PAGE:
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10 Stimulating Facts About Playboy
This year, Playboy celebrates its 60th anniversary. Although countless aspects define the magazine’s endurance, none is so important as its founder, 87-year-old Hugh Hefner. Coming from humble beginnings, the man simply exudes cool with his mansion, smoking jacket, and coterie of beautiful Playmate girlfriends, each young enough to be his great-granddaughter. Playboy is not merely a periodical—it is ultimately an embodiment of the American dream.
10 Braille Edition
Few publications would lend themselves less readily to braille editions than Playboy, but for those blind folks who want to catch up on the dirty jokes section, the library has got your back. Beginning in December of 1970, the National Library Service for the Blind and Physically Handicapped began producing a braille version of the magazine, which has no advertisements or pictures. In December 1986, the Library of Congress stopped making the magazine, which led to a huge lawsuit by several blind rights organizations. In August of that year, Federal District Judge Thomas F. Hogan ruled that ceasing publication of the braille version of Playboy was in violation of the First Amendment rights of blind people. If you want a version of Playboy that is totally safe to read at work, the February 1992 magazine is available online here.
9 Drew Barrymore
Despite the train wrecks that populate the tabloids, Drew Barrymore is uplifting evidence that a troubled child actress can bounce back. In the mid 1980s, she starred in a string of blockbusters such as Firestarter, Cat’s Eye, and E.T. the Extra-Terrestrial. By age 13, she was already drinking, smoking, and snorting cocaine in nightclubs. At her worst, she spent two stints in rehab, attempted suicide, and didn’t appear on the screen for three years. But in the early 1990s, her career resumed in a major way. One of the steps on her way back to the top was a nude pictorial in Playboy’s January 1995 issue. Drew looked beautiful of course, but at least one man was less than impressed—her godfather and the director of E.T., Steven Spielberg. For her next birthday, he sent her a quilt with the message “Cover yourself up.”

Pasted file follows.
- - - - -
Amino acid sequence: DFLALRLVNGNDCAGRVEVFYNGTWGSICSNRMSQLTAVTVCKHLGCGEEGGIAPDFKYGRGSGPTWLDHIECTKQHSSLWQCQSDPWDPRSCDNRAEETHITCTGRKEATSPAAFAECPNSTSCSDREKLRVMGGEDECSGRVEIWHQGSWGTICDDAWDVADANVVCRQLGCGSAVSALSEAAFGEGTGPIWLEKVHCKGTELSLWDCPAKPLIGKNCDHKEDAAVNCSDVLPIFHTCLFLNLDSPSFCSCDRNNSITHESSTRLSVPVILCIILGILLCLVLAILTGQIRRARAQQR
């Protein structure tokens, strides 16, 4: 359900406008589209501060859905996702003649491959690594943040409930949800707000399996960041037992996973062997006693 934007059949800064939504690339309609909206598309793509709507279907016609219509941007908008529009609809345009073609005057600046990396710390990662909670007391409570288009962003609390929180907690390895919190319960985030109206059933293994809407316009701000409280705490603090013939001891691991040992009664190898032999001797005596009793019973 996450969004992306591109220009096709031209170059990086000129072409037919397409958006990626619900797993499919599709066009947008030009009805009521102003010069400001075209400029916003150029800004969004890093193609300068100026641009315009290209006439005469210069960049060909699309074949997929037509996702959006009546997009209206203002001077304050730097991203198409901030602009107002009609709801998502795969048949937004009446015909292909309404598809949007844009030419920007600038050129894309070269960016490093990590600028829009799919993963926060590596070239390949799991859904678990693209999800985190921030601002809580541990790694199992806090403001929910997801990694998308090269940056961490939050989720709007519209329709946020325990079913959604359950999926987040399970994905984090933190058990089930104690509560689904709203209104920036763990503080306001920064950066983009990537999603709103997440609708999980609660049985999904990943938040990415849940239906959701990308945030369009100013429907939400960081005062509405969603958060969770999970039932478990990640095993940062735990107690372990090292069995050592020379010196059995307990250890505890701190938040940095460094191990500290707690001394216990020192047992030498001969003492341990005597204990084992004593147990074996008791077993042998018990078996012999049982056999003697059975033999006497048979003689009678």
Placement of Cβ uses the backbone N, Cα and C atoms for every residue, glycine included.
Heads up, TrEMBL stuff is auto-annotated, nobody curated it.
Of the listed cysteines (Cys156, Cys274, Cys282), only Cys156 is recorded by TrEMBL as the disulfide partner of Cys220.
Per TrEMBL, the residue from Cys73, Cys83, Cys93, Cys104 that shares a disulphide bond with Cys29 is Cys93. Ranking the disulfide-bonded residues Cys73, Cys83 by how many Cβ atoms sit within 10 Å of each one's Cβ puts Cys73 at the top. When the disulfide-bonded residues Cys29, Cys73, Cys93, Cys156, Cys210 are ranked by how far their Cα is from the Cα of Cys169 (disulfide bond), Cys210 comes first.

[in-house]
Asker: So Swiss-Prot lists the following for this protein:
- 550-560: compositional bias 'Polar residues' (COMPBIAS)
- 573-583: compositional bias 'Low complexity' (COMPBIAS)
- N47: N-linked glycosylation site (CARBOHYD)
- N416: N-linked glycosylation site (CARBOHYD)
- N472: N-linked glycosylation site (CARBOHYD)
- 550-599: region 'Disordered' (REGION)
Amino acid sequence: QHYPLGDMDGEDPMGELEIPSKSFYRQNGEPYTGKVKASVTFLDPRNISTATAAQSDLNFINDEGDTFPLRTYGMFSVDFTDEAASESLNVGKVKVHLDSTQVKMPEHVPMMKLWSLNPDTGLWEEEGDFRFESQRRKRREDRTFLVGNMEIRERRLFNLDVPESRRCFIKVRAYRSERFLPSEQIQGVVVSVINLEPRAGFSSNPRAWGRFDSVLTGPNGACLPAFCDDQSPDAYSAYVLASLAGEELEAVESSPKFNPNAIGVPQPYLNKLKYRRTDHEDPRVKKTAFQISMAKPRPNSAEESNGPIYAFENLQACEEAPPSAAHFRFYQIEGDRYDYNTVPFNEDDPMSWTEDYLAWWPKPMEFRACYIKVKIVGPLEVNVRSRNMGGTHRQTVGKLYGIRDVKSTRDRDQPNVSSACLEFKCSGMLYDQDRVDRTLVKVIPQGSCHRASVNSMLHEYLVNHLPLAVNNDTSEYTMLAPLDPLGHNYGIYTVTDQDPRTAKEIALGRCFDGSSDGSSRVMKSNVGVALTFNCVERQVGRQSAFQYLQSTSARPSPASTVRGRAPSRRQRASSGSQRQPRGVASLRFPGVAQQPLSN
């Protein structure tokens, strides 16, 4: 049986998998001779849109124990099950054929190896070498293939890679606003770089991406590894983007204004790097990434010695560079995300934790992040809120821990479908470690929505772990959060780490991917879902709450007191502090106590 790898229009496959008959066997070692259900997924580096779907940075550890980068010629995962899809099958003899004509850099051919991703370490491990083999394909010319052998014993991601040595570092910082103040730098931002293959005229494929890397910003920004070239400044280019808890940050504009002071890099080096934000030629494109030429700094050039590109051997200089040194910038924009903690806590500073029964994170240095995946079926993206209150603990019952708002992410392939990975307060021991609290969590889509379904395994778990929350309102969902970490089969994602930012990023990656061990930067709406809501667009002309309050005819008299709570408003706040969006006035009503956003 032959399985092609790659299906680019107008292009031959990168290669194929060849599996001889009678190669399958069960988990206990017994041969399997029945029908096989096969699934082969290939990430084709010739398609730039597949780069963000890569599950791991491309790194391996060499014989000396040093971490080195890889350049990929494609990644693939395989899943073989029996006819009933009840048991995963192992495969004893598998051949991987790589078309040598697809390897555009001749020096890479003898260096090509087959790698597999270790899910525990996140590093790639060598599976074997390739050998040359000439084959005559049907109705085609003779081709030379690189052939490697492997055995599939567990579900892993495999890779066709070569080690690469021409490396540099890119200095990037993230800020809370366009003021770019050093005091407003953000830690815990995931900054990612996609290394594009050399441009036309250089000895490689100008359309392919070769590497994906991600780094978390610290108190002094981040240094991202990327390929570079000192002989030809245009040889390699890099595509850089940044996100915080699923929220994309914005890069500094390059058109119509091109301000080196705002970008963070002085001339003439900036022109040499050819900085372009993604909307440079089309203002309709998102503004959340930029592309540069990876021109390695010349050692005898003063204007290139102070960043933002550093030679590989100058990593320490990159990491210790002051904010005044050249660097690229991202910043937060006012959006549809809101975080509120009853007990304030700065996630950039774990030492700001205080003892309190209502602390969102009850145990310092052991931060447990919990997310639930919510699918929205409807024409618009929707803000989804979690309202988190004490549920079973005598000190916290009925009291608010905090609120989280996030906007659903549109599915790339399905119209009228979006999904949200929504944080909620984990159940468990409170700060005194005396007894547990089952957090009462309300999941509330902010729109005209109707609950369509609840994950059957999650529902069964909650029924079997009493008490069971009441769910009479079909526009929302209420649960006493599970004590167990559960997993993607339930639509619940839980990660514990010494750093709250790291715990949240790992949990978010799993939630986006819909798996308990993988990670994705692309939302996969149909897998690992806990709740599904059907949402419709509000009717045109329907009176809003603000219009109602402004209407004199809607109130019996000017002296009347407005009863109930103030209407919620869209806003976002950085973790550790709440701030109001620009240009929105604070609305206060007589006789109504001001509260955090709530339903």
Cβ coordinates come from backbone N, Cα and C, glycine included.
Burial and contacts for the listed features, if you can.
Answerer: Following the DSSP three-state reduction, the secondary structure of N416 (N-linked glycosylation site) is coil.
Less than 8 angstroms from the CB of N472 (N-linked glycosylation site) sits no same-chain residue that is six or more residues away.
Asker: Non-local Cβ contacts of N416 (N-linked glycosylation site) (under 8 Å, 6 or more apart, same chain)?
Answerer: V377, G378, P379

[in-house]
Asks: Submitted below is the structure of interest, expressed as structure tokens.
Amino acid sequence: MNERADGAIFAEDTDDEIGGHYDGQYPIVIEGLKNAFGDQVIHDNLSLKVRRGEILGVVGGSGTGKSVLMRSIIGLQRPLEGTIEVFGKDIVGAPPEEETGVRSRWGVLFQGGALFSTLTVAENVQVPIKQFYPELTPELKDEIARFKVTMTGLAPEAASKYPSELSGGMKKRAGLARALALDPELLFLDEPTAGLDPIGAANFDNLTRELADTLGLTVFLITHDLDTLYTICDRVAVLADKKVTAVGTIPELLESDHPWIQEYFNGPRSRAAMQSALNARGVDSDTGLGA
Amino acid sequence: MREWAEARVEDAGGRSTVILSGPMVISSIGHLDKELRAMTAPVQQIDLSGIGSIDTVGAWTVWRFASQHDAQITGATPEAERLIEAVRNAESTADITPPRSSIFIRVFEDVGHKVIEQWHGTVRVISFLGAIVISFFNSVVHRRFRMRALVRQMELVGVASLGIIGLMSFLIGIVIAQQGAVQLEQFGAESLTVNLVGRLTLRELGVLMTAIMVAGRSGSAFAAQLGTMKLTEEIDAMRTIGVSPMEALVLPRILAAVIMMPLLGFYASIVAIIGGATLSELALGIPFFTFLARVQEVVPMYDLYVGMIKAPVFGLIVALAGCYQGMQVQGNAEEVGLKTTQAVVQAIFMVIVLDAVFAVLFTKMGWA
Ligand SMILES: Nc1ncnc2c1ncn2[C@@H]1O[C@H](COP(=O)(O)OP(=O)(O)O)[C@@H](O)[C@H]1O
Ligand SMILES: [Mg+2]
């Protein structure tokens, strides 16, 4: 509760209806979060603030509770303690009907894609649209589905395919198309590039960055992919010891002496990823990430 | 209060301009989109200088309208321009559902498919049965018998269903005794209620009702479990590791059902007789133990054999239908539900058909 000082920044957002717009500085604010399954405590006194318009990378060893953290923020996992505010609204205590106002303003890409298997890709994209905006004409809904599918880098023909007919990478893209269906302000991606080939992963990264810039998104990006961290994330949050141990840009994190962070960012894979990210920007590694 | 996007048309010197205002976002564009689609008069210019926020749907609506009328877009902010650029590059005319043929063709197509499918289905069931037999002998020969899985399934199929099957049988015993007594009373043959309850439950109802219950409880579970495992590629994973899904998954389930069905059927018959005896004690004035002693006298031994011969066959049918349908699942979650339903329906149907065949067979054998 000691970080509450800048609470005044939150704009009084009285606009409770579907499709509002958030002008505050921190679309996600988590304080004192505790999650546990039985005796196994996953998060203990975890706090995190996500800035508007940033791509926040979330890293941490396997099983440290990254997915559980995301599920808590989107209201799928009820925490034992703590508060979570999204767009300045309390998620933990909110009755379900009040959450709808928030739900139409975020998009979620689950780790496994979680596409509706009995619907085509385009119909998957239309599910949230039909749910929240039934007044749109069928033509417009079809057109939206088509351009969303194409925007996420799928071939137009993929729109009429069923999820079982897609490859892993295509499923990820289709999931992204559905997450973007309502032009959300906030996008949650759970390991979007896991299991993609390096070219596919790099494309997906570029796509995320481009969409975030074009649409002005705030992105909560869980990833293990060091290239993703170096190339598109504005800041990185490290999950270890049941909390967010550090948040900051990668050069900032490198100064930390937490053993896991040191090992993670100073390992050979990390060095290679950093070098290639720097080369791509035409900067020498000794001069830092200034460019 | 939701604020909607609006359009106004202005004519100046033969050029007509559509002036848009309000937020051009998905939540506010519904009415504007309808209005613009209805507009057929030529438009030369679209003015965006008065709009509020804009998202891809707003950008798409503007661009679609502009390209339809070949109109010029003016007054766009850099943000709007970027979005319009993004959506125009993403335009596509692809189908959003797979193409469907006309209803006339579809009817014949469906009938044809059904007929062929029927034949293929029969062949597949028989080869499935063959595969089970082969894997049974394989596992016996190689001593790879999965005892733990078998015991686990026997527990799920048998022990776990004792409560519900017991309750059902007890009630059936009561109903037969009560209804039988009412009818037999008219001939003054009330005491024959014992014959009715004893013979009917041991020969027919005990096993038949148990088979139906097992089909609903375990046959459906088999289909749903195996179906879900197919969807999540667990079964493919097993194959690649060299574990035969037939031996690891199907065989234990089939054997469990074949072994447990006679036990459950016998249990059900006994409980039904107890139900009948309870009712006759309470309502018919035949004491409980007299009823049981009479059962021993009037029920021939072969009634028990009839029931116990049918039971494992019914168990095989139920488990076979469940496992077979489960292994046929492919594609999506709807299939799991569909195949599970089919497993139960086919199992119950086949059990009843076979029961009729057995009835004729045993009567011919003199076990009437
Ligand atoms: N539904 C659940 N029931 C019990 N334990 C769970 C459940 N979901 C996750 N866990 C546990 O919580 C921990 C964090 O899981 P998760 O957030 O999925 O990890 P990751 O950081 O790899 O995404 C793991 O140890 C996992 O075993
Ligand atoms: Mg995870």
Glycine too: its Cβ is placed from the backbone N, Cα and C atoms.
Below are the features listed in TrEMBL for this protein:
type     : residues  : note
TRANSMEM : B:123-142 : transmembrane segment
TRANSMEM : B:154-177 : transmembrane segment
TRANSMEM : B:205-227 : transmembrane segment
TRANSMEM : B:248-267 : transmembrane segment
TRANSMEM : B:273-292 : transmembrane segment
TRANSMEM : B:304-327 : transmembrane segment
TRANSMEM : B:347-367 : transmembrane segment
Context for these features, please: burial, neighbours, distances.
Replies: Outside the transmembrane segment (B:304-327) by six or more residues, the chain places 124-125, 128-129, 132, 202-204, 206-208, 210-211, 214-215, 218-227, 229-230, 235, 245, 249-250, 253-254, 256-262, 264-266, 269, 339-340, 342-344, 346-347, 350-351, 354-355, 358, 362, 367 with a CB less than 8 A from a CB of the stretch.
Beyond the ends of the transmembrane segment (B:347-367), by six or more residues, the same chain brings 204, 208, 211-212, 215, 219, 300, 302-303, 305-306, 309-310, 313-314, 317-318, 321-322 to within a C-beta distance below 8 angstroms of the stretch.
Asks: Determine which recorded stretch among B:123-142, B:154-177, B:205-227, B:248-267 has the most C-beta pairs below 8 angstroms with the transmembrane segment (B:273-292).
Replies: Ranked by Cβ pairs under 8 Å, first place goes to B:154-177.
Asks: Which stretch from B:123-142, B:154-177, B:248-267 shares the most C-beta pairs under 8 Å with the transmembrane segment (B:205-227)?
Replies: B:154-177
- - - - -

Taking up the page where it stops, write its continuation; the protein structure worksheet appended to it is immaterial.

8 Hefner’s Grave
Playboy’s first issue was published in December 1953, famously featuring a nude Marilyn Monroe supine on a background of red velvet. While the image was not original to the magazine (it had been recycled from a calendar), Marilyn’s lovely form was one of the bedrocks of Hugh Hefner’s success. Hef himself would not likely beg to differ. He purchased the vault next to Monroe’s at the Westwood Village Memorial Park Cemetery’s Corridor of Memories in Los Angeles, where he intends to rest beside her for all of eternity. This gesture is certainly made all the more touching by the fact that Hugh Hefner and Marilyn Monroe never actually met in real life.
7 The Articles
The old joke about Playboy aficionados is that they “only read it for the articles.” As hackneyed and clichéd a statement as this might be, Playboy has long featured incredible literature. This was realized from the magazine’s earliest days: Ray Bradbury’s novel Farenheit 451, a dystopian classic about an anti-intellectual future where books are burned, was published in serialized form in the March, April, and May 1954 issues. In the years since, fiction by Nobel- and Pulitzer-prize-winning authors has proven the norm rather than the exception, with stories by Saul Bellow, John Updike, Vladimir Nabokov, Kurt Vonnegut, and countless others appearing in the pages between the nudes.
6 Alex Haley
Author Alex Haley, who wrote Roots, got his start as a reporter for Playboy, in fact conducting the magazine’s first interview with jazz musician Miles Davis. Haley also interviewed Martin Luther King Jr., Muhammad Ali, and Malcolm X. But perhaps Haley’s most notable encounter was with the founder of the American Nazi Party, George Lincoln Rockwell, in 1966. After ensuring on the phone that Haley was not a Jew, Rockwell invited him into the inner sanctum. Led past a Doberman attack dog, he was brought before Rockwell, who conducted his interview in the presence of an armed bodyguard with a pearl-handled revolver sitting on the armrest of his chair. He informed Haley, “Nothing personal, but I don’t mix with your kind, and we call your race niggers.”